Contracts Have Gotta Go

I had a little experience yesterday with Verizon that made me stop and ask myself if the service I am getting from my carrier is really worth th $130ish that I spend every month for the smartphones my wife and I own. Not to mention the fact that to upgrade my phone I would be shelling out a ridiculous $30 upgrade fee in addition to the already expensive $200 it would be for a new phone. Is it really worth signing a contract that dictates that I will be spending $3,280 over two years for my wife and I to have a new phone?

While most people would rather not think about how much it actually costs to own an iPhone 5, Samsung Galaxy S III or a Nokia Lumia 920, when you sit down and do the math, it gives you pause. If you want to get out of your Faustian pact (my new favorite phrase), it will cost you $350 minus whatever your contract stipulates.

America has things bass-ackwards when it comes to our phone culture. We are so focused on short-term thinking that we would rather pay nearly $4,000 over two years for a phone for ourselves and a phone for our significant other. Not to get political, but it is the same mentality that gets people into bad debt situations. Short-term satisfaction now, big cost later.

I sincerely wish that we were a predominately prepaid, contract-free society. I understand that our phones are pocket-sized computers and can cost $750 or more if you bought them outright. In exchange, charge me a more reasonable $50 a month for my voice, data and texts. What I don’t like is carrier’s justifying their exorbitant contract prices by saying it’s to make up the cost of the subsidy. Bullhonky!

Have you ever done the math on how much it costs to own a smartphone? The Oregon Saves blog has an excellent post on the cost of owning a smartphone. If you compare the rates you pay on a two-year contract to the rates you get with a prepaid carrier, you’ll see that the carriers are flat out lying about their justifications.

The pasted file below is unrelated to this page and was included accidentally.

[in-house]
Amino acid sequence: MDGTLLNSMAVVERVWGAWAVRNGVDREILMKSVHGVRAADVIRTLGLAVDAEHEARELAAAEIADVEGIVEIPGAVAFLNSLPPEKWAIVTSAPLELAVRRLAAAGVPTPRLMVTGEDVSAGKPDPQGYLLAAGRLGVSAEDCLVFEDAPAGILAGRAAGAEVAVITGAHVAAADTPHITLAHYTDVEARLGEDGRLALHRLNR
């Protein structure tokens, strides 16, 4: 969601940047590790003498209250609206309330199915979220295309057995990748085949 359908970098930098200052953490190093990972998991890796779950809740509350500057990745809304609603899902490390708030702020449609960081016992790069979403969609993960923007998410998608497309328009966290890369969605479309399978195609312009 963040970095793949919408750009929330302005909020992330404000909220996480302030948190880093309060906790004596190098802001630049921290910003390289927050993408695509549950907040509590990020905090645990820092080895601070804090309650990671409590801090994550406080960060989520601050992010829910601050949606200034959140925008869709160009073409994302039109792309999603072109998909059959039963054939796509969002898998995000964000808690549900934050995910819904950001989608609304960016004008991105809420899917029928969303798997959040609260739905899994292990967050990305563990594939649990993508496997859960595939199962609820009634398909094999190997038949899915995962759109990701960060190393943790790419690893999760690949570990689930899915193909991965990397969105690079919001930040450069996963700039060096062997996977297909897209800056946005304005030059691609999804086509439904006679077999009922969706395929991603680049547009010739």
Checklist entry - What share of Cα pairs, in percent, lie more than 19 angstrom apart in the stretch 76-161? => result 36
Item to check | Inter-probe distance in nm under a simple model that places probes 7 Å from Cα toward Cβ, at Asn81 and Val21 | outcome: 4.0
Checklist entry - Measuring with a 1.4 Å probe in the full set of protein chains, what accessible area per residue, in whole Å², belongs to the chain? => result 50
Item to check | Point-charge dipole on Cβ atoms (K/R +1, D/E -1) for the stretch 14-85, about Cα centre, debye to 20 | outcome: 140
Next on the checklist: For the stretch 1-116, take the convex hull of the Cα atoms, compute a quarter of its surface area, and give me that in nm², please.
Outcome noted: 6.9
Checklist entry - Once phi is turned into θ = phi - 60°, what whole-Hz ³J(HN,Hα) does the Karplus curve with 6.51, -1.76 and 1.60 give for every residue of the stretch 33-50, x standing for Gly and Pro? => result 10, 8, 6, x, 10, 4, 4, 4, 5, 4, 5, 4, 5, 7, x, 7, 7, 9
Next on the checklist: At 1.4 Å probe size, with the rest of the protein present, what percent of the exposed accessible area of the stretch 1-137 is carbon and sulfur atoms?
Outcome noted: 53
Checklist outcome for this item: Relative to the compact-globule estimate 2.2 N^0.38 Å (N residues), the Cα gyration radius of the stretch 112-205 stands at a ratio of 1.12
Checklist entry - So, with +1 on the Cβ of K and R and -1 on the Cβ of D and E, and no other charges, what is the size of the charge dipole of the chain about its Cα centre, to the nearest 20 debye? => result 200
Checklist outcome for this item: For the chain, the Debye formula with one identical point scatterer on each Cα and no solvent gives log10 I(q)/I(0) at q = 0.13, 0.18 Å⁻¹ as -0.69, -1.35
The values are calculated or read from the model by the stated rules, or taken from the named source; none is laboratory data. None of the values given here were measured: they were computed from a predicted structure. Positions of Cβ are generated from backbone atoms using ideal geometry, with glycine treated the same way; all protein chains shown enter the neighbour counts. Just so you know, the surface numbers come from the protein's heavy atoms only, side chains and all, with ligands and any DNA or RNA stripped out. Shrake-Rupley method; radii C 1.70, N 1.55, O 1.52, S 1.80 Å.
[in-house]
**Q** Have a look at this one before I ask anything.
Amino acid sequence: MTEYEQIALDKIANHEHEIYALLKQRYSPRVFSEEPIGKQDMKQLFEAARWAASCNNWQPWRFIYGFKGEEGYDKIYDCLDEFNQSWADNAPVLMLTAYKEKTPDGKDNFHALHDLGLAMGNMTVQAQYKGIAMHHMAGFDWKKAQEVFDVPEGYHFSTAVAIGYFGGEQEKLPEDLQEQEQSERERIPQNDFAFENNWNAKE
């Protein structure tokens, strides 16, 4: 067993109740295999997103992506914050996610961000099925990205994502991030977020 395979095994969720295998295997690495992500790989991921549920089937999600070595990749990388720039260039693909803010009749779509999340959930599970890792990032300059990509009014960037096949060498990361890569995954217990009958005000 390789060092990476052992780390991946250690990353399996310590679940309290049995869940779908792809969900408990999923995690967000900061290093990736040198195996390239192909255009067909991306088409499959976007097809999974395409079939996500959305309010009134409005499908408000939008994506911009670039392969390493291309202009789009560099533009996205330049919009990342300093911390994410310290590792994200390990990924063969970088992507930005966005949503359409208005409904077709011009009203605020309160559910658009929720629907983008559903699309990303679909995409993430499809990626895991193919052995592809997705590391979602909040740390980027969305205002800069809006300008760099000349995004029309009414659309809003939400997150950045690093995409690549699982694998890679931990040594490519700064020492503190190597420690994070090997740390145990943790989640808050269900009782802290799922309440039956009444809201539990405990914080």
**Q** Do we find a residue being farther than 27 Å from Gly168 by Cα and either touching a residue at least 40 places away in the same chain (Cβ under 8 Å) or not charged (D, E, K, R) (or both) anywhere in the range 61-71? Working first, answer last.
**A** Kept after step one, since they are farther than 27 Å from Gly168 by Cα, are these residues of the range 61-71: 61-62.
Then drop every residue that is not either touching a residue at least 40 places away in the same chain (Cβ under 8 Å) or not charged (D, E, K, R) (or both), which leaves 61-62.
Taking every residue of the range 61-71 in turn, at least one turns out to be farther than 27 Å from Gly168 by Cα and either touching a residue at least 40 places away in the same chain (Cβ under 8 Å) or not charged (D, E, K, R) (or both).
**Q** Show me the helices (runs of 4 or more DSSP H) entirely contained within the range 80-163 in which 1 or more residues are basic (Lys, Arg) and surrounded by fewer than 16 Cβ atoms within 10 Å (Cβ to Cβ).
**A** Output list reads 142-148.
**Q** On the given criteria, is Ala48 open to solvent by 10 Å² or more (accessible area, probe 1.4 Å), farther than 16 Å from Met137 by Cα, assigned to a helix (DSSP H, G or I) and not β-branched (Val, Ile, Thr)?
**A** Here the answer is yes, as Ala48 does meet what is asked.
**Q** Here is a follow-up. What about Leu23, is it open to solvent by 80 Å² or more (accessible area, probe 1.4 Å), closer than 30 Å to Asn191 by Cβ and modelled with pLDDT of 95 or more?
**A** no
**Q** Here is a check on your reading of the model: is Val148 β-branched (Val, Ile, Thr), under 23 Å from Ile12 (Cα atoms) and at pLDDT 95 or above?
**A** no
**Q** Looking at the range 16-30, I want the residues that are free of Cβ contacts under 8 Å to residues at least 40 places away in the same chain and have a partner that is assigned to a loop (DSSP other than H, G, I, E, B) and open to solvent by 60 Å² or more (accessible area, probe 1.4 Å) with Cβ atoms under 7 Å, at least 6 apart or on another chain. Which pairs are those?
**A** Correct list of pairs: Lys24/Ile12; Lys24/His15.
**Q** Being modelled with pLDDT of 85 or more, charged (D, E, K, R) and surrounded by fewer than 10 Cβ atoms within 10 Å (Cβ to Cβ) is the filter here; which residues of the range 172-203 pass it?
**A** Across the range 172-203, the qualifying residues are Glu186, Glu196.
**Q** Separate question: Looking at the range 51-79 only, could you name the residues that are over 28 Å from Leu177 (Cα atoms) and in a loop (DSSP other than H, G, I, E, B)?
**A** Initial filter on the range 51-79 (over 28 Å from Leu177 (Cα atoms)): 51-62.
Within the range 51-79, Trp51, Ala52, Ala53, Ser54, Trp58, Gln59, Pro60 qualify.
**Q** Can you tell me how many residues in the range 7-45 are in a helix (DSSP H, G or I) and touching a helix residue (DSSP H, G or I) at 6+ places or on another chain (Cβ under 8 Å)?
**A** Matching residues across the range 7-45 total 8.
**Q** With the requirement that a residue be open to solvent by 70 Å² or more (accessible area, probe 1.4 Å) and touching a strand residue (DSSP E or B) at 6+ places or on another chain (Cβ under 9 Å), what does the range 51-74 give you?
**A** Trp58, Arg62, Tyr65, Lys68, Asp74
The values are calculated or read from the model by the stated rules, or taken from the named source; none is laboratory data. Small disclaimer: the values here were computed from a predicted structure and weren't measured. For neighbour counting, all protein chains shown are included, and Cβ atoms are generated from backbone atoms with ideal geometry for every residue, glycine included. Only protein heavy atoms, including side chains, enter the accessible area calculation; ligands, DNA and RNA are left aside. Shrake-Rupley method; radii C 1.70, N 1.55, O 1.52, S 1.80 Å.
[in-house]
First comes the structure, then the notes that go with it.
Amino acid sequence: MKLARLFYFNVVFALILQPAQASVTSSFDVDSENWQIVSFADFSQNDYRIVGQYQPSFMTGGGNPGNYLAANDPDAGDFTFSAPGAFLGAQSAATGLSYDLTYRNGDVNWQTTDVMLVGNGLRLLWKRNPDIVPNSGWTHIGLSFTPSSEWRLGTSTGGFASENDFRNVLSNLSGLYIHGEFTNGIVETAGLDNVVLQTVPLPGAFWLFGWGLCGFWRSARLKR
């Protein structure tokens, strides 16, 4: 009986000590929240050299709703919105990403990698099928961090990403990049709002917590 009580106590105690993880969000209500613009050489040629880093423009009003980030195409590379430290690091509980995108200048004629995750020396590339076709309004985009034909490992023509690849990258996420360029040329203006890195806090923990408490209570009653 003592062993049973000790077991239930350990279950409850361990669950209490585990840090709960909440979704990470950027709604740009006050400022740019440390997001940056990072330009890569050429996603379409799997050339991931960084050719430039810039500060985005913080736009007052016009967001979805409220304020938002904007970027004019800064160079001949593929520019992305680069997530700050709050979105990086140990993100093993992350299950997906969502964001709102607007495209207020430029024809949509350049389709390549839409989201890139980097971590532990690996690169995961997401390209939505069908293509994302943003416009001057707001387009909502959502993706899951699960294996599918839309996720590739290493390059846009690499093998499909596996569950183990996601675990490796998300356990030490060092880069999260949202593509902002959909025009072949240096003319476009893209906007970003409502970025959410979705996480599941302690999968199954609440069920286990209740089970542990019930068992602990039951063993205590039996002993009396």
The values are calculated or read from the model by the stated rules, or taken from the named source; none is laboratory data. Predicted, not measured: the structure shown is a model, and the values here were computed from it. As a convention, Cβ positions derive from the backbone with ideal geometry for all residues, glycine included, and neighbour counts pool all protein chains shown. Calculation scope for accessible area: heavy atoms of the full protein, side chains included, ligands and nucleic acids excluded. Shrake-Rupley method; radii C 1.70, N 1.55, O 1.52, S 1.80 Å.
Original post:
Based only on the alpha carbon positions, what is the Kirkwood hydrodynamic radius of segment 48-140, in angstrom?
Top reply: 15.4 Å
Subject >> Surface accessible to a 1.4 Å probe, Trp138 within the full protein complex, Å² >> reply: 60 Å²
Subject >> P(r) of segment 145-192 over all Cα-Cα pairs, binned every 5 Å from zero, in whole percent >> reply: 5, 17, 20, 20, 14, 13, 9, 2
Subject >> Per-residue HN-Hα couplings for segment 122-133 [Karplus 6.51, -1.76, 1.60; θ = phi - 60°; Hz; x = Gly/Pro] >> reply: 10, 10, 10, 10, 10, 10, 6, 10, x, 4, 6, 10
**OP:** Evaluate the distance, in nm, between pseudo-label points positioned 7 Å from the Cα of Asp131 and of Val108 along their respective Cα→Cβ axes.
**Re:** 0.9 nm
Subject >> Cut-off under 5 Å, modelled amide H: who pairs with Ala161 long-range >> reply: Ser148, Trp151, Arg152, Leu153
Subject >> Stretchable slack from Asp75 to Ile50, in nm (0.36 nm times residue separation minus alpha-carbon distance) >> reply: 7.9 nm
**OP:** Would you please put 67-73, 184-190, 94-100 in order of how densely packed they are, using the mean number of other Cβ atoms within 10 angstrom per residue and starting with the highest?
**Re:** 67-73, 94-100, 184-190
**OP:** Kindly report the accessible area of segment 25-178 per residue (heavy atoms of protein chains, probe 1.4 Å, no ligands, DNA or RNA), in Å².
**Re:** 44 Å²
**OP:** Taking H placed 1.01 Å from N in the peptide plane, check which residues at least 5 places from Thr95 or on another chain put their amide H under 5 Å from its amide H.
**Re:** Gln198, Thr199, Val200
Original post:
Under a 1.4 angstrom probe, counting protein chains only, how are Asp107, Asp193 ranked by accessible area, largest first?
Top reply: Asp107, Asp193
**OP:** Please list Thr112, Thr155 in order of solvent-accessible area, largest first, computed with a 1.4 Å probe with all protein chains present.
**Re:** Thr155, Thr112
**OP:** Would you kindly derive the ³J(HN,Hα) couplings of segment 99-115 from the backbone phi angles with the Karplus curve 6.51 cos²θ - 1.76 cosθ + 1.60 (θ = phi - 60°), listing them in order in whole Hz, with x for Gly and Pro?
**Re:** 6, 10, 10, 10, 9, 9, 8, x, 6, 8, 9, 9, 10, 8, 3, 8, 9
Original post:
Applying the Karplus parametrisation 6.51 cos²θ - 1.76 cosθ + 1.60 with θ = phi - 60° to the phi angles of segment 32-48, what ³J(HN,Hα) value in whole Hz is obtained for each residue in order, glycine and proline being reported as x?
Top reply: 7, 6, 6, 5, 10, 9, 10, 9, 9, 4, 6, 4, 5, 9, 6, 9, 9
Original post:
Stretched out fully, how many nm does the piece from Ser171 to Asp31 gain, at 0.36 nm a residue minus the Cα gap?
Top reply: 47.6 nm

I really wish that I could switch to a prepaid carrier. Sadly, Straight talk isn’t an option, I use too much data and other MVNOs aren’t either because they use T-Mobile’s network, which is abysmal in Oregon. That leaves me in a rather frustrating situation. Because I need good coverage and there aren’t any MVNOs I can use in Oregon, I am stuck with AT&T or Verizon.

So I could use your help. Any good prepaid carriers that run on AT&Ts network and don’t have ridiculously restrictive data plans?

Kenny Larson
Onetime Apple/Android/Windows fanboy. Now a firm agnostic when it comes to OS. They all suck in their own special way.

"Be excellent to each other."
--Bill & Ted

This article has 3 Comments

  1. Do you know something about Straight Talk’s data plans that I don’t? I haven’t been able to find exact parameters for data use with them, and this is pertinent as I consider switching to them from Sprint.

    Problem is, the switch is only for freedom, NOT for savings… We pay $99.50/month for BOTH of our phones with unlimited everything. Hard to argue with that.

  2. With Straight Talk you get warnings if you go over 2gb a month or 100-150mb a day. They will simply cancel your service if you ignore their warnings. Also you are not allowed to stream music or video, nor are you allowed to tether your phone.

  3. Wait… not allowed to stream music or video? Like, no YouTube or Pandora? And in terms of tethering… technically I’m not allowed to tether my phone with Sprint either, but after rooting it’s not a problem. Do you know if Straight Talk has found a way to stop that loophole?

    I’m becoming much more satisfied with Sprint’s service in this area — they must be doing upgrades because I can actually watch Netflix over 3G now. If this keeps up for the rest of the month I might just preorder the Galaxy Note 2.

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